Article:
So, I know a lot of you are beginning to think about your fall season, and let me make a couple of suggestions. We've got several great brands that we partner with here at the How to Hunt Deer Podcast. And as you're thinking through your camo, your filming needs or your mapping software, I wanna encourage you to go check out our sponsors.

First of all, tactic cam, they're the title sponsor of the show. And, uh, as I've told you before, their tactic, M 6.0 and solo, extreme cameras are fantastic and I usually spend a lot of time telling you about the specs of their camera. But today I just want to mention a couple of different things because I'll usually throw in at the end like, Hey, they've got mounts and [00:04:00] adapters that are really cool and, uh, so rather than just saying that, again, I wanna tell you about my personal favorites.

Number one, the tactic. Amm 6.0 stabilizer mount for your bow. That's a no-brainer. If you're gonna be shooting this summer and you want to self film your hunts with a tactic AMM six oh this fall, you need to go ahead and get the stabilizer so that you can practice shooting with it. That one is kind of a no-brainer.

They also have the Bindi clamp mount, which I think is probably my personal favorite because I can take that bendy clamp mount and stick it on pretty much anything. I can put it on a tree branch, I can put it on my backpack when I'm walking in. I can put it on the stock of a weapon of like a rifle or a shotgun.

It's super, super versatile and we'll do pretty much anything you need it to do. They've also got a shoulder strap so that you can get, or a shoulder mount so that you can get that over the shoulder angle, which is really, really nice if you're spending some time fishing or scouting. They've also got a head mount if you want to wear it up on your head, like a traditional point of view camera might be.

So if you think about tactic cam and you think, well, those are just for my, uh, those are just for my [00:05:00] weapons. They may be not for, you know what you would use a typical point of view camera for you are mistaken, you need to go check 'em out. Tac, grab one of their 6.0 cameras or the solo extreme camera and get started sharing your hunt today with tactic am.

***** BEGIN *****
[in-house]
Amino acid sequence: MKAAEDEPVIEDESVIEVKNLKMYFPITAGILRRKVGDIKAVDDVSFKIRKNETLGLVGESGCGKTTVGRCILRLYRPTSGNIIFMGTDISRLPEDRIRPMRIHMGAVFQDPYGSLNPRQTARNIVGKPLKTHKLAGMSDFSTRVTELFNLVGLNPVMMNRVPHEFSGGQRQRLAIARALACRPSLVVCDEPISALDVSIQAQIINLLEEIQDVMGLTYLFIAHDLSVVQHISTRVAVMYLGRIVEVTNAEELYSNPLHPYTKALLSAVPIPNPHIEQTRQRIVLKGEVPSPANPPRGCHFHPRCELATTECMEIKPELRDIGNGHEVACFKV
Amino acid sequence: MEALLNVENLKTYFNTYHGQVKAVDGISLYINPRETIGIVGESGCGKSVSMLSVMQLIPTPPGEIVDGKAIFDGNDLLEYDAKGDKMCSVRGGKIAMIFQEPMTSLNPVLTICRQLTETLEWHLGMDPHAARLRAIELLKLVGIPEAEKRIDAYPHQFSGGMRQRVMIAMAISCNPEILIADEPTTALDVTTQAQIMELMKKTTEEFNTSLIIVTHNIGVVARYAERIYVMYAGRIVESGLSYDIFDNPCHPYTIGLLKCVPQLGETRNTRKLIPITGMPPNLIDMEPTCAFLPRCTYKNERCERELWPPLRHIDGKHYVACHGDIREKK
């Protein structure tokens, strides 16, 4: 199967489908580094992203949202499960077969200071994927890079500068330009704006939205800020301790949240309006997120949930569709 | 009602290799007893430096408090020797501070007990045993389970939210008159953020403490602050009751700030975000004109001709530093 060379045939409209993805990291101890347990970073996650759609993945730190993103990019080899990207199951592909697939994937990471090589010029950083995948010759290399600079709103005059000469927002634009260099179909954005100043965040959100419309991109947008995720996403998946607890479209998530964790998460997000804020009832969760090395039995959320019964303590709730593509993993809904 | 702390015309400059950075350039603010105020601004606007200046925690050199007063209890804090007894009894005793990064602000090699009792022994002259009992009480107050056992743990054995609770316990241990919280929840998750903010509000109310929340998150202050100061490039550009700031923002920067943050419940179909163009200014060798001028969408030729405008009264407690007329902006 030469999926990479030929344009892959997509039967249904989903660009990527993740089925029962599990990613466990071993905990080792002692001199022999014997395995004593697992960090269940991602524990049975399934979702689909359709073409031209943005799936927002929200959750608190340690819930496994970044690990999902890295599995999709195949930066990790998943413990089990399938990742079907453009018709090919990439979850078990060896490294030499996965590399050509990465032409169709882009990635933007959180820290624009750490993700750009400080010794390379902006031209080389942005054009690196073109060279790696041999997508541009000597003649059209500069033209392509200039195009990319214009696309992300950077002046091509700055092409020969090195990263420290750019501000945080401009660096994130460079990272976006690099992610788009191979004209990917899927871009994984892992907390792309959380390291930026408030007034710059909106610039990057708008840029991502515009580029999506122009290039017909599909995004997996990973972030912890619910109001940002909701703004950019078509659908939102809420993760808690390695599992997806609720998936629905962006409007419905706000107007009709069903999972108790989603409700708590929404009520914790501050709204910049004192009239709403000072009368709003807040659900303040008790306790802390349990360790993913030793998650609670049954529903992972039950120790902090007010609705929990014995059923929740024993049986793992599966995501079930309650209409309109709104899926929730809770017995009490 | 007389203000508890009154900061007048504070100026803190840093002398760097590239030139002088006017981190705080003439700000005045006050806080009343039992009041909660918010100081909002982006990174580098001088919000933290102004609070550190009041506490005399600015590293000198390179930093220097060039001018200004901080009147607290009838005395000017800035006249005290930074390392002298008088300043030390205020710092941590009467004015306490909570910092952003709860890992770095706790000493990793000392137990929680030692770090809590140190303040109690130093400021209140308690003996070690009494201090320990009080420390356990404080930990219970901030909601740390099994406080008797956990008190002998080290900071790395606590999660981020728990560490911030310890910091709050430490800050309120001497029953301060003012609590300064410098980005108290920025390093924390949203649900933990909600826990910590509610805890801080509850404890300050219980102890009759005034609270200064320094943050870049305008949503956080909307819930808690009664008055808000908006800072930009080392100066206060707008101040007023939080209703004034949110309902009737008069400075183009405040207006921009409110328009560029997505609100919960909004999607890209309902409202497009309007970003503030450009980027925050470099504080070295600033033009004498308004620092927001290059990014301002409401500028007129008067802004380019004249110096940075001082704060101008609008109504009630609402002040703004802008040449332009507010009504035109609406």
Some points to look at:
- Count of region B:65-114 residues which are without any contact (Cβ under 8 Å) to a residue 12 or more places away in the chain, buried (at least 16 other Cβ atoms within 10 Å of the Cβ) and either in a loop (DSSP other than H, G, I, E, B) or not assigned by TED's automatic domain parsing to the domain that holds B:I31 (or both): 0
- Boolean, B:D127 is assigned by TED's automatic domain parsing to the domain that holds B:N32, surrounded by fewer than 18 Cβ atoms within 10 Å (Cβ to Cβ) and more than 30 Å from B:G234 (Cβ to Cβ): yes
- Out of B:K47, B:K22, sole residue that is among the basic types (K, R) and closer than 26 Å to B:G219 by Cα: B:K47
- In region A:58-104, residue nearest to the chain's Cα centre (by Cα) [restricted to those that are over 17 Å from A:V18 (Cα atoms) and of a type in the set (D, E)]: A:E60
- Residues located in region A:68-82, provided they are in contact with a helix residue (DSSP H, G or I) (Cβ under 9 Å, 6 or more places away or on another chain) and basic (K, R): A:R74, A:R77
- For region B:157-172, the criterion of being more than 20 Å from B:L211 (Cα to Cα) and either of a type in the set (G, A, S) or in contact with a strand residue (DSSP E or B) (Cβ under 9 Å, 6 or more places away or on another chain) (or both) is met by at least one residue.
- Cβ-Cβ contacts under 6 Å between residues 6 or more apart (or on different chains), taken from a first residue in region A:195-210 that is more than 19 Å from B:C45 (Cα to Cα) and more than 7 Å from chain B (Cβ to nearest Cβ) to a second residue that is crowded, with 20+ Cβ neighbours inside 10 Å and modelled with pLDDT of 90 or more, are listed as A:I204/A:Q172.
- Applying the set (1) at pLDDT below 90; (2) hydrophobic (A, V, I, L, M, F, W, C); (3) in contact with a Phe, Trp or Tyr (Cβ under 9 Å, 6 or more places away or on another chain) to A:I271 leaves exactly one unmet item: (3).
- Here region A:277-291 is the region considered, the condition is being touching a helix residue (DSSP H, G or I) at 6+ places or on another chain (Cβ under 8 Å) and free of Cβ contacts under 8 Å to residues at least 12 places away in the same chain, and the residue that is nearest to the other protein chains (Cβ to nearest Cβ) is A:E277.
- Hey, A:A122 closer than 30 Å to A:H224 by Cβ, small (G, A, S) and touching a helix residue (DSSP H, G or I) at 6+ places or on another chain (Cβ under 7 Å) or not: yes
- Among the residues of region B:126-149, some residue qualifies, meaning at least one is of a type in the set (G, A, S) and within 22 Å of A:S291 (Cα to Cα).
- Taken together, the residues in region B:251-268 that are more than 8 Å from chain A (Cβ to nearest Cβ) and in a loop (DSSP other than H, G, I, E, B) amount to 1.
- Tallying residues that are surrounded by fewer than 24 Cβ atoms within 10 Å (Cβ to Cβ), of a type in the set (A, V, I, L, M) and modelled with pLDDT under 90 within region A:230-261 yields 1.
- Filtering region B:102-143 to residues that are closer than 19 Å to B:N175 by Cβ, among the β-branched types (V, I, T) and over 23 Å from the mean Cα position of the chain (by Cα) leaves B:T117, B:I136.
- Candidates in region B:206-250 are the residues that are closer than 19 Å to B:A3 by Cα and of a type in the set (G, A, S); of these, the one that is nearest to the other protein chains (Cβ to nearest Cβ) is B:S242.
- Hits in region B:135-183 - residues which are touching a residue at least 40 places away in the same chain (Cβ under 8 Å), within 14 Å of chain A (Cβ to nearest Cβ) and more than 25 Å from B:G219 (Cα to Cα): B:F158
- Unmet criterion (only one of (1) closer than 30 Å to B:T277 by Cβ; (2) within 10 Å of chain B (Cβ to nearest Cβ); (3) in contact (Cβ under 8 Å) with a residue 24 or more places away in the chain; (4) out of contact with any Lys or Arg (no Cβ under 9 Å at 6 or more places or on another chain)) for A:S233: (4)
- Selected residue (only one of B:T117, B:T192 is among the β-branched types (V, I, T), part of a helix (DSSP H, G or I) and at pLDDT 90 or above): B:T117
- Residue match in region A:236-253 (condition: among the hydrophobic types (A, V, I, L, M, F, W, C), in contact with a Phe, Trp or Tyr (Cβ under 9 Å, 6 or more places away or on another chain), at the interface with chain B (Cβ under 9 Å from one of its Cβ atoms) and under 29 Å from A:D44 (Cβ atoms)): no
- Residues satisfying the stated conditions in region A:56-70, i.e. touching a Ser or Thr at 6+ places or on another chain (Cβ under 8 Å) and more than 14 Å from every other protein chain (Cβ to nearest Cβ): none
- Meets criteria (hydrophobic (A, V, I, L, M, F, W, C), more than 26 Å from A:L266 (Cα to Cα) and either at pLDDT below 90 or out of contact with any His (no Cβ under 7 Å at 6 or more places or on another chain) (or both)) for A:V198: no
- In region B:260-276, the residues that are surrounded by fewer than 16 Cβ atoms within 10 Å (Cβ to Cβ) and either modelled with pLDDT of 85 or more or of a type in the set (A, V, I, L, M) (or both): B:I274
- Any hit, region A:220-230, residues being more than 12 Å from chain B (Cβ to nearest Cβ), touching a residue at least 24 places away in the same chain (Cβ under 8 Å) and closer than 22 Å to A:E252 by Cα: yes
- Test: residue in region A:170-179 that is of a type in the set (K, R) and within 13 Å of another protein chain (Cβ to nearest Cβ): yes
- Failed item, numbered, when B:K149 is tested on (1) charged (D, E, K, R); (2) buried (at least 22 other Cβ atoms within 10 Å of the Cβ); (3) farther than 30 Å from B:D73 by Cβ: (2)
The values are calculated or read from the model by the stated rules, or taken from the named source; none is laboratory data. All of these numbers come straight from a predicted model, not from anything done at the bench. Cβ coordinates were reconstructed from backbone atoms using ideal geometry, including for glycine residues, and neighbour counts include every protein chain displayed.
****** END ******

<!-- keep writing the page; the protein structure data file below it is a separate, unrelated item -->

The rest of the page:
Next up, if you're looking to add some camo to your arsenal this year, go check out hunt worth I've been super impressed with a couple of different pieces, specifically for summer scouting and early season hunting. Their Durham lightweight pants are amazing. I've got them in the gray and I've also got them in the camo.

Uh, they also have an olive color and an ash brown color that I just don't have yet. But, uh, certainly plan to because these pants are super, super comfortable. They keep you cool. They're tough and durable. They've got just a little bit of stretch to 'em, which is nice when you're trying to make your way through the timber when things are really greened up outside.

And honestly, here in Georgia, I'll probably be wearing those pants well into the season. I mean, they're lightweight enough that you can wear them during the summer, but if you throw on, you know, one of their base layers underneath, you can actually [00:06:00] get a good chunk of the season. You know, if you're in a climate like Georgia where it's not necessarily gonna get freezing.

Now up in Wisconsin where I hunt, I'm probably not going to be wearing those past, uh, you know, middle, early October-ish. But when you get those 70 degree days, it is nice to be able to pull those things back out, head over to hunt worth to check out all of their products and learn more. Finally, last but not least, the Onyx Hunt app.

If you did not catch the episode that I did with Jacob Linner, On the Wisconsin Sportsman Podcast, uh, the previous episode launched on June 27th. It's called Up Your Map Scouting Game for Big Bucks, man. First of all, fantastic, fantastic episode. Uh, probably one of the best Wisconsin sportsman episodes that I've done that's devoted to Deere.

Had a really great time recording that one, but it was all about, if you can't guess, map scouting. And it sort of re-lit the fire in me to be doing some map scouting for some properties that are local to me here in Georgia. So I've been putting the OnX Hunt app to work here lately, and as I'm doing that, one of the [00:07:00] features that I really, really love is the, uh, the markup folders.

So what you can do, you can, you know, drop your pins and you can add those to a folder and send them to a buddy, which is what I personally like to use them for. I can put, you know, several pins in a folder, send them to a buddy and say, Hey, what do you think about this? Rather than having to send them one pen and then another pen and then another pen, I can just send it all at once.